I am jealous for the Word and for the Sacraments as they are presented in our liturgy. Lutherans, at their best, have focused all of their ecclesiastical architecture on these two things as well, by using a pulpit, an altar, and a font. Solid things. In a church that isn’t afraid of using symbols and art, a projected, temporary image can, and I believe will, quite literally take the focus off of those solid things which represent our faith so well. Even the cross (or crucifix) usually placed somewhere in the sanctuary of every Lutheran church I’ve attended will fade into the background - hopefully not taking the theology it represents with it.


A Minimum of Interchange


Thinning Things Out


PowerPoint is a very thin medium as compared with a book as Tufte points out, “PP slides projected up on the wall are very low resolution compared to paper.” You only see what the presenter or the limitations of the medium allow you to see. How does this work in a liturgical application? It winds up being a kind of forced spoon-feeding. While it does make it easier to recite a liturgical formula – provided that you aren’t nearsighted or blind – it winds up doing damage to context. You can't look ahead to see what comes next, or look back to see where you've been. Unfortunately, we have been set up by our culture to have a permanent condition of short-term memory loss. We hear and see a constant stream of sound bytes and images – one replacing the other in succession, often with no logical connection whatever. (Neil Postman has noted how we can have a sober conversation of the possibility of nuclear annihilation interrupted by the words "And now this from Burger King!" -- and we don't even consider how bizarre this is when it occurs.) It is dangerous for the Church to play in this arena. While the constantly changing images are very titillating and entertaining, our critical thinking gets thrown off-line. Our faith has a strong cognitive component that we wind up ditching if we insert the liturgy into a PowerPoint presentation.


Follow the Bouncing Ball


We often adopt things into the church uncritically because they seem to be working elsewhere. The lock-step design of PowerPoint, the relentless progress of a business presentation, would seem to lend itself to liturgy as we get towed along in the wake of corporate worship. I think this is a very wrong way to view Christian worship. It is not something in which the faithful should just flow like a river. Worship is also a job. It is a calling – a vocation. It has an active component rather than being simply passive (Psalm 95, Romans 12:1-2). It is the believer’s response of faith in, and love for Jesus express-ed in a formal way, and doctrine plays a part. The liturgy of the Church should involve every part of us – heart, mind and strength. The Stalinist approach to information in PowerPoint tends to leave the “mind” part out of church worship. It puts people into a passive, “entertainment” mode – even when they’re singing along.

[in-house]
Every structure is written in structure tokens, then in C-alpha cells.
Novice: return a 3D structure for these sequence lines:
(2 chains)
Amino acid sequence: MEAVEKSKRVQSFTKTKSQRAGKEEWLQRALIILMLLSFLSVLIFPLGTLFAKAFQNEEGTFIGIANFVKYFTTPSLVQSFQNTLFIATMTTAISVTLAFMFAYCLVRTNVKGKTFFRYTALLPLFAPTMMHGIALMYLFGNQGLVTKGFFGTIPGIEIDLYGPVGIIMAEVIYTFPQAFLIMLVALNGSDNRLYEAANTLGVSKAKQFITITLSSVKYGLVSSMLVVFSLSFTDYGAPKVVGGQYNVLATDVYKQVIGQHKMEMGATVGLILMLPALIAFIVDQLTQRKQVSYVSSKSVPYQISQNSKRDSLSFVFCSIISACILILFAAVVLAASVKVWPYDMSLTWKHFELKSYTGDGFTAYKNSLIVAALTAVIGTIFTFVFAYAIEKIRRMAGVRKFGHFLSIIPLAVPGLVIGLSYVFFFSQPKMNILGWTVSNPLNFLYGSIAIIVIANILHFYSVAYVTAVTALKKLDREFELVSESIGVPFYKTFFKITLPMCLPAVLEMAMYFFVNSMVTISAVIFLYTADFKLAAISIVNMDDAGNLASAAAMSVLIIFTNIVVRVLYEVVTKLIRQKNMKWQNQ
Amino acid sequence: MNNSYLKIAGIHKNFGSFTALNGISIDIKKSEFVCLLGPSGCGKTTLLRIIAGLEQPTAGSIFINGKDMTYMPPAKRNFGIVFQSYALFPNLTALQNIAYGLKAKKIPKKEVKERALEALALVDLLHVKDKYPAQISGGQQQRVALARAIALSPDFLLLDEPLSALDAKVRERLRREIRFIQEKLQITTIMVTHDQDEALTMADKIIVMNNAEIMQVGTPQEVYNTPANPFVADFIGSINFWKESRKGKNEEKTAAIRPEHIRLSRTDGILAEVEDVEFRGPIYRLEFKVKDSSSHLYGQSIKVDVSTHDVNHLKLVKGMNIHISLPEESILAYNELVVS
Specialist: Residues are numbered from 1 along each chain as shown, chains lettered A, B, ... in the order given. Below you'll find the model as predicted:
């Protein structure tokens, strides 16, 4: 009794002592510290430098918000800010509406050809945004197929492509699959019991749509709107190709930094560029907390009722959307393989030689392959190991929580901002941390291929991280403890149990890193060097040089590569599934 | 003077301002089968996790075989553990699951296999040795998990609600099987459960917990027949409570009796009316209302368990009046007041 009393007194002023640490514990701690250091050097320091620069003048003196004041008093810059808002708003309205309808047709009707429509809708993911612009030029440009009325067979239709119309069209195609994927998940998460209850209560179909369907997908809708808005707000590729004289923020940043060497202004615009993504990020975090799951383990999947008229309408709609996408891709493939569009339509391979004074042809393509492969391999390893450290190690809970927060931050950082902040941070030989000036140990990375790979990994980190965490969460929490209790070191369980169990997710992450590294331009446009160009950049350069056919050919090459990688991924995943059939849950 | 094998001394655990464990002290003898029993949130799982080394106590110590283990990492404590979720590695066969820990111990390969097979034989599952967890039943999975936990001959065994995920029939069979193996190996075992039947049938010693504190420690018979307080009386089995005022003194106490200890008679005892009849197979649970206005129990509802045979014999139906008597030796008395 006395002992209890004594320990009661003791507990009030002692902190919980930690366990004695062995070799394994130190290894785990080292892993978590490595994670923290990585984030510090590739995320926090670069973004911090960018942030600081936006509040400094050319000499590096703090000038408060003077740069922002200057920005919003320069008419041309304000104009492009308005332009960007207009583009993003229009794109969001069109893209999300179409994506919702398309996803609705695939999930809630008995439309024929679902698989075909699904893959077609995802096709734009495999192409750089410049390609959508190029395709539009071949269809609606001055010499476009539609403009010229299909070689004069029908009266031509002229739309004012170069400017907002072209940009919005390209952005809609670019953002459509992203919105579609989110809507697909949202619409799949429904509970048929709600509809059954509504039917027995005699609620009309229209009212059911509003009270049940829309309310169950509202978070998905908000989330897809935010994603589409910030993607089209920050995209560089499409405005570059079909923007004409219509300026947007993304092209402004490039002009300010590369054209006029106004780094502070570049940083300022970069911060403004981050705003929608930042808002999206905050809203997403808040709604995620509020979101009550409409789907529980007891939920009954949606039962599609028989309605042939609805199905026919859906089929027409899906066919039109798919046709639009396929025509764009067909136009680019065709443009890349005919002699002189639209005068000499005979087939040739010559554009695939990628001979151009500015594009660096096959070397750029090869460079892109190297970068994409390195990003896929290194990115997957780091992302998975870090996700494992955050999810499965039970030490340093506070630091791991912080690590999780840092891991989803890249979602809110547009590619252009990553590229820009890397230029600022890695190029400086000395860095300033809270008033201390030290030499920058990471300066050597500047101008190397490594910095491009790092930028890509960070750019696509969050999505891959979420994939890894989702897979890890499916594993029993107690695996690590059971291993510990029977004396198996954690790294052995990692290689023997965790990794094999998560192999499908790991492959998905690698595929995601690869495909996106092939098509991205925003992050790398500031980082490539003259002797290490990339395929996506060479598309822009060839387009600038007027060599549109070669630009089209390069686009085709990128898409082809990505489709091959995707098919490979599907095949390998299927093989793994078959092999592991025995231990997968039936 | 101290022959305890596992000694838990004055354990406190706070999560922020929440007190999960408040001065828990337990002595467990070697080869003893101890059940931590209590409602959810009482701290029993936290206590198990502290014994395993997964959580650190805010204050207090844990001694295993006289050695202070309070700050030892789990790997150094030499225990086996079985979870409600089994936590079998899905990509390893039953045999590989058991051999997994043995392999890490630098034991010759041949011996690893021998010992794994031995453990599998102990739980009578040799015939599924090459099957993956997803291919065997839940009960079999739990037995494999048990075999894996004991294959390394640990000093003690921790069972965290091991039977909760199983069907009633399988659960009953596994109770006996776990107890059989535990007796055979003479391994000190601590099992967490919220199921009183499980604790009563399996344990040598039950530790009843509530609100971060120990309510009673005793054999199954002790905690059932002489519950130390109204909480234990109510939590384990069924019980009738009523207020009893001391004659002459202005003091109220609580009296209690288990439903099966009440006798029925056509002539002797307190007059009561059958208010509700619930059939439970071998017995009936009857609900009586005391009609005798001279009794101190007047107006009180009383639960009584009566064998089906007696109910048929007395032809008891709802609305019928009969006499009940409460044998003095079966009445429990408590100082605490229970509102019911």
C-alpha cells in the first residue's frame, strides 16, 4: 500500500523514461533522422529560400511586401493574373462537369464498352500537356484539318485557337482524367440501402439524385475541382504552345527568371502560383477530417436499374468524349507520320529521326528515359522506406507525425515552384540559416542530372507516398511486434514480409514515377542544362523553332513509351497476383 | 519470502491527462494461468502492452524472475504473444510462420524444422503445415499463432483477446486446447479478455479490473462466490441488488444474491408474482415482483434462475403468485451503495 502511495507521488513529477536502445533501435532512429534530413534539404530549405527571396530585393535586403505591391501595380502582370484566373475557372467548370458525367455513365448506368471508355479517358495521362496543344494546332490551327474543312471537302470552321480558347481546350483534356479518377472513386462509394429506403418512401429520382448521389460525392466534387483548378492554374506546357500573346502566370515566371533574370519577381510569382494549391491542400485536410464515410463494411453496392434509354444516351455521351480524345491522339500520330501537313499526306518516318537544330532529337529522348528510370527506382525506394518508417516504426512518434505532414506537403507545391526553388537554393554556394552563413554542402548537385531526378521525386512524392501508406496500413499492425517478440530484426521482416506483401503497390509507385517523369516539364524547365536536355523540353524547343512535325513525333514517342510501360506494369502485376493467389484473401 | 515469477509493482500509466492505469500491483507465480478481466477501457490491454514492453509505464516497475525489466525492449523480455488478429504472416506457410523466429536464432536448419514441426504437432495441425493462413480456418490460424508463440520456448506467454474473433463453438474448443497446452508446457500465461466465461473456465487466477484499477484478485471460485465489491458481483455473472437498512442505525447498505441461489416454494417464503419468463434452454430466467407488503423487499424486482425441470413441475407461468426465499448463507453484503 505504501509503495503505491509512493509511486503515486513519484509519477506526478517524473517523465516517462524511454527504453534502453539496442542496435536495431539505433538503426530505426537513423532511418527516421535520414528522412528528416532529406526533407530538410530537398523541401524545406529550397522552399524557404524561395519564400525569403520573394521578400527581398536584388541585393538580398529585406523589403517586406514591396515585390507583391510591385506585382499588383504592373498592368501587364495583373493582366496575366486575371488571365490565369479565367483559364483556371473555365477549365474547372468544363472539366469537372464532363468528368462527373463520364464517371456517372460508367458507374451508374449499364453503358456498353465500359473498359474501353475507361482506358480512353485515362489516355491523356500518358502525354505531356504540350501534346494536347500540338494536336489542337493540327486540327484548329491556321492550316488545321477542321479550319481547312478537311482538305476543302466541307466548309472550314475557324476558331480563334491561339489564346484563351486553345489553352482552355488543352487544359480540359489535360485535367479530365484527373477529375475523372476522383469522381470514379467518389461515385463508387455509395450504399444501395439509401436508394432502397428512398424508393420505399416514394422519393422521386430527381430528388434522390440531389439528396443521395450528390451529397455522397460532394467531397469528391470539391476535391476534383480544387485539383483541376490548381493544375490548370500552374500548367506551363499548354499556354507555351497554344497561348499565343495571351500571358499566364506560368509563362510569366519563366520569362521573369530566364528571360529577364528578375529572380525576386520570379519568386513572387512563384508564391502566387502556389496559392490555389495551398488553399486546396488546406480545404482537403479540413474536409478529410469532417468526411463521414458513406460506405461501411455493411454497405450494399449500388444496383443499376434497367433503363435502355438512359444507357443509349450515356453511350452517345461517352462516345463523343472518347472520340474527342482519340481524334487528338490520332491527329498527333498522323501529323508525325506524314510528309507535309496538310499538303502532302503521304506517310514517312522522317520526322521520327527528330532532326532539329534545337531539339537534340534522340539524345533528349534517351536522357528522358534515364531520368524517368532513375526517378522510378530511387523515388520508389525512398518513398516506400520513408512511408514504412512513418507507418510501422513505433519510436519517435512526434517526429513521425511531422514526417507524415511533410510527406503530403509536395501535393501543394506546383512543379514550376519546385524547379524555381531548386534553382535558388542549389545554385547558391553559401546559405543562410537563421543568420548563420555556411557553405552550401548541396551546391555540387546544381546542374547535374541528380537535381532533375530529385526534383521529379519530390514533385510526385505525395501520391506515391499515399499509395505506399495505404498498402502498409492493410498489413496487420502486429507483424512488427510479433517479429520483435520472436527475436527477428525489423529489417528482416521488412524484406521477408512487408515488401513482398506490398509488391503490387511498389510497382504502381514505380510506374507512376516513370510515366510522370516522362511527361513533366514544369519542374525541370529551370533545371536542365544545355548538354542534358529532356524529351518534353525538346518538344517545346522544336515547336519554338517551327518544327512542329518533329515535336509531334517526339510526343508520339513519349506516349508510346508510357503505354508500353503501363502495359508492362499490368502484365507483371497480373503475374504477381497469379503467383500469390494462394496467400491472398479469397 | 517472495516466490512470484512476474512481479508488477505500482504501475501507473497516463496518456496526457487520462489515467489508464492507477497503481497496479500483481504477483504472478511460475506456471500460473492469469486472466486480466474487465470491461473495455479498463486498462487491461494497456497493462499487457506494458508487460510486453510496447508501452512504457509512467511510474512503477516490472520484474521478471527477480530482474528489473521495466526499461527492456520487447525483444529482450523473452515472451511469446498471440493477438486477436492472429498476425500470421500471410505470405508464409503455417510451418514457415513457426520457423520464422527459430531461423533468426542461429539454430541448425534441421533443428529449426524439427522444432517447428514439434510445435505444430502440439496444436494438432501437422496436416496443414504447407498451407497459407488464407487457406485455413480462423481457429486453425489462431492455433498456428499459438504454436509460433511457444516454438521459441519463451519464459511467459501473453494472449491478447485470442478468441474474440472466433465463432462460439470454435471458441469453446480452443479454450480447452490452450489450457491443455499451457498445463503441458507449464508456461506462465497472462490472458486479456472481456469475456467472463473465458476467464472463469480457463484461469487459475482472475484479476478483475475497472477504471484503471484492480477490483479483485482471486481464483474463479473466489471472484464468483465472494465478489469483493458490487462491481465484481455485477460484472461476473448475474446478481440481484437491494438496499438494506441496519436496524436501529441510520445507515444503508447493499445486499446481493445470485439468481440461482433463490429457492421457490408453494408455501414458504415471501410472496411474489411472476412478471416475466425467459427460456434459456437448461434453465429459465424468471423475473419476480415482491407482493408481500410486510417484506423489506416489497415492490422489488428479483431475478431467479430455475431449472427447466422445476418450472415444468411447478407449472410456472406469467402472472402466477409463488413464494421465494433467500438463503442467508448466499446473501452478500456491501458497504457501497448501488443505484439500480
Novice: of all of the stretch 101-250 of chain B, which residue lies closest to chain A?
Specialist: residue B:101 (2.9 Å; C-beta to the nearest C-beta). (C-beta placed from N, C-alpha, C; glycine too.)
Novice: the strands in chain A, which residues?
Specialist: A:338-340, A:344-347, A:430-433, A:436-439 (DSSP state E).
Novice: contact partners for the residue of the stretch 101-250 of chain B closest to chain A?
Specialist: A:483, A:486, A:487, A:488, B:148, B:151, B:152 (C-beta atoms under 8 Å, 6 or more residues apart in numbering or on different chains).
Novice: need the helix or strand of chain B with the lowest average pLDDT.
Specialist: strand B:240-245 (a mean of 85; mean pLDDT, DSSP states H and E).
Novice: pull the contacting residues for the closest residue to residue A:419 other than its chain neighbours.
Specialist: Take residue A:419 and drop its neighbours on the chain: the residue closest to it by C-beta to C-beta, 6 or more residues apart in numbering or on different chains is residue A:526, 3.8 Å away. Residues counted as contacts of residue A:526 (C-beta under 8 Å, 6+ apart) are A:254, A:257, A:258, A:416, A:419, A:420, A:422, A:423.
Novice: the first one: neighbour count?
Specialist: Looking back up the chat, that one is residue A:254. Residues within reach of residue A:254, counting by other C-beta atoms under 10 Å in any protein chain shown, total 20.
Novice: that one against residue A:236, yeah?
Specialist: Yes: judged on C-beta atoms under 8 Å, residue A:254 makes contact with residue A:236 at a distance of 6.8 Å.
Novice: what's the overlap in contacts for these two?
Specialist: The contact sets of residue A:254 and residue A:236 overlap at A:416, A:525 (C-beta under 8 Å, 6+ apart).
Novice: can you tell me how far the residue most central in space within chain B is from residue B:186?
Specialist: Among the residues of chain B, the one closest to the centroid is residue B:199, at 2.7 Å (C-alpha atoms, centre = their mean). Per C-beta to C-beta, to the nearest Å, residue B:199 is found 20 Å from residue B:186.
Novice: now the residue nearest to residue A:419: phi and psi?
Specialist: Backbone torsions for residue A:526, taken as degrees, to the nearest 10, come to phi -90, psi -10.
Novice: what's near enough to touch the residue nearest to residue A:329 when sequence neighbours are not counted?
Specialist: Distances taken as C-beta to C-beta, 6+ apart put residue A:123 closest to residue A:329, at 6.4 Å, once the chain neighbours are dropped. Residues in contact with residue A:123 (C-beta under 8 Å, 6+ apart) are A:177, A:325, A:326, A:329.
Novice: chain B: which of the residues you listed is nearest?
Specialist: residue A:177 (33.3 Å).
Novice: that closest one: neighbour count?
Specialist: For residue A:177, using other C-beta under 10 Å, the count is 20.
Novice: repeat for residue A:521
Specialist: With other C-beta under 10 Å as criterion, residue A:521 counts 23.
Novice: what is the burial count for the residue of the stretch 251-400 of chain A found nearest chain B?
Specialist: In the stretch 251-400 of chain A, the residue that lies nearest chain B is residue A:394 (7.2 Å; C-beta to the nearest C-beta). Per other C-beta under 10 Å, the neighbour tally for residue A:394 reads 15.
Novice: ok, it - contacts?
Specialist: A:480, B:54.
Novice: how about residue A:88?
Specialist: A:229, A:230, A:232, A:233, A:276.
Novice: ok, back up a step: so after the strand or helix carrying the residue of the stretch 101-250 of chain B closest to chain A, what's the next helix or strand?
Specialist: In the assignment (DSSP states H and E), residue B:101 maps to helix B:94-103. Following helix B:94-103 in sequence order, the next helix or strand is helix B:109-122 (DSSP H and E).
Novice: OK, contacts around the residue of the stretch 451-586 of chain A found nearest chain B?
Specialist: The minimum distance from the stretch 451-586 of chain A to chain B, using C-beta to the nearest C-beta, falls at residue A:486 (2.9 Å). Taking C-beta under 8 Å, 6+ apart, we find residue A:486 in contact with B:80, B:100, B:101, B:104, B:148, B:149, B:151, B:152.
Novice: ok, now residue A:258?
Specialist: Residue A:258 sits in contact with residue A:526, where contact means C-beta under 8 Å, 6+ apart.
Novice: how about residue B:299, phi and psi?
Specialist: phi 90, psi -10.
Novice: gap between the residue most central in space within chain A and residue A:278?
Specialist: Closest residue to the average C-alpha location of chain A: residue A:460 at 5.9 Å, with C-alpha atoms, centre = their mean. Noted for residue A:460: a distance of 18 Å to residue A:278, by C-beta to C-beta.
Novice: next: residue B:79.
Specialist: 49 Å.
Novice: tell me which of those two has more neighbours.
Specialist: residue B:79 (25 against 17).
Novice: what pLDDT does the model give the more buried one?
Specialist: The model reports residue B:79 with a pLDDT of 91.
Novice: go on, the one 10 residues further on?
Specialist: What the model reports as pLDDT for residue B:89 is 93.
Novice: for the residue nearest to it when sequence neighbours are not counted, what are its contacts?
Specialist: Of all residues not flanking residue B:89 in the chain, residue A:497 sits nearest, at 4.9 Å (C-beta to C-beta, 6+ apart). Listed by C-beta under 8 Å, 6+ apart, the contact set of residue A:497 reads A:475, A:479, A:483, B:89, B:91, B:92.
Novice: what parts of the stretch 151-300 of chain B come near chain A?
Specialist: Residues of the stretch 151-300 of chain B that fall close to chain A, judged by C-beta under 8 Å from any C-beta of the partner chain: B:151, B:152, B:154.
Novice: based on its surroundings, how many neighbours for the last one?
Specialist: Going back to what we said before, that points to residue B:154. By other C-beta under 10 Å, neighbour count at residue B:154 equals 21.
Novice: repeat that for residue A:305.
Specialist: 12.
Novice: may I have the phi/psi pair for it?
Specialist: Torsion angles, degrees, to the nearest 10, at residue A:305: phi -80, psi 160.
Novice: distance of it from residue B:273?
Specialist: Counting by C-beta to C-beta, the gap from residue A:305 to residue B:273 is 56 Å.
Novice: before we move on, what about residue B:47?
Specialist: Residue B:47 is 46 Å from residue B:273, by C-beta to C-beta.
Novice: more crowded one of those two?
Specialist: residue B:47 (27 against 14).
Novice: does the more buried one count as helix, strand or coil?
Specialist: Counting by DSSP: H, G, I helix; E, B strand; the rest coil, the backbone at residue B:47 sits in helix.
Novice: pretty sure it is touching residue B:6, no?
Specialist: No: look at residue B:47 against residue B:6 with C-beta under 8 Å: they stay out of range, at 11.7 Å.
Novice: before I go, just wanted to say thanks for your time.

"Lord, Help Us Ever to Retain"


Of course, the ideal situation would be to have the whole of the liturgy memorized. The liturgy contained in the various settings for the divine service could then be viewed as a set of visual training wheels – there to help the newcomer, or us if we should get lost. Why can’t PowerPoint serve in this capacity? Well, it could. But the question arises: Is it a better tool than the Hymnal we have been using? My answer to this is no. In the process of memorization, the element of confidence is vital. You must be able to look away from the thing you are memorizing in order to test yourself. It is by the constant testing of our memory that it gets stronger. You don’t really have the option to look away from a PowerPoint presentation on the front wall of the church – this convenience completely removes the motivation to memorize. It also removes the positive peer pressure of others having memorized what you are attempting to make your own. They are all looking at the slide, so you have no idea whether or not they have thought it worthy of memorization. When I say positive peer pressure, I’m talking about the motivation to internalize the liturgy as a tool available to the individual Christian at all times. It is often difficult to express the value of this to a new believer. To be able to sing the hymns of Christendom in any circumstance is a wonderful thing. I’m not saying that people who have it memorized are better Christians for having done so. Generally, they’ve just been around longer. Memorization is a function of time and exposure as well. They aren’t better, just better for it.


As a side note, familiarization with the hymnal is a good thing too. Would you ever know "Lord, Help Us Ever to Retain" was a hymn (LW 477, TLH 288) without it? A PowerPoint presentation of this nature doesn’t have a table of contents – mainly because it doesn’t need one. To put it in a funny way, it is an immediate medium. You are where you are and that’s that. If PowerPoint is used in a church service, I believe books will eventually be removed from the pews and much that isn’t in the service will be missed because the liturgy doesn’t have the whole hymnal as its context. The church-goer will never have to look up the Catechism or the Service for Baptism. Many will miss out on much that the Hymnal has to offer because PowerPoint is an easier and broader road.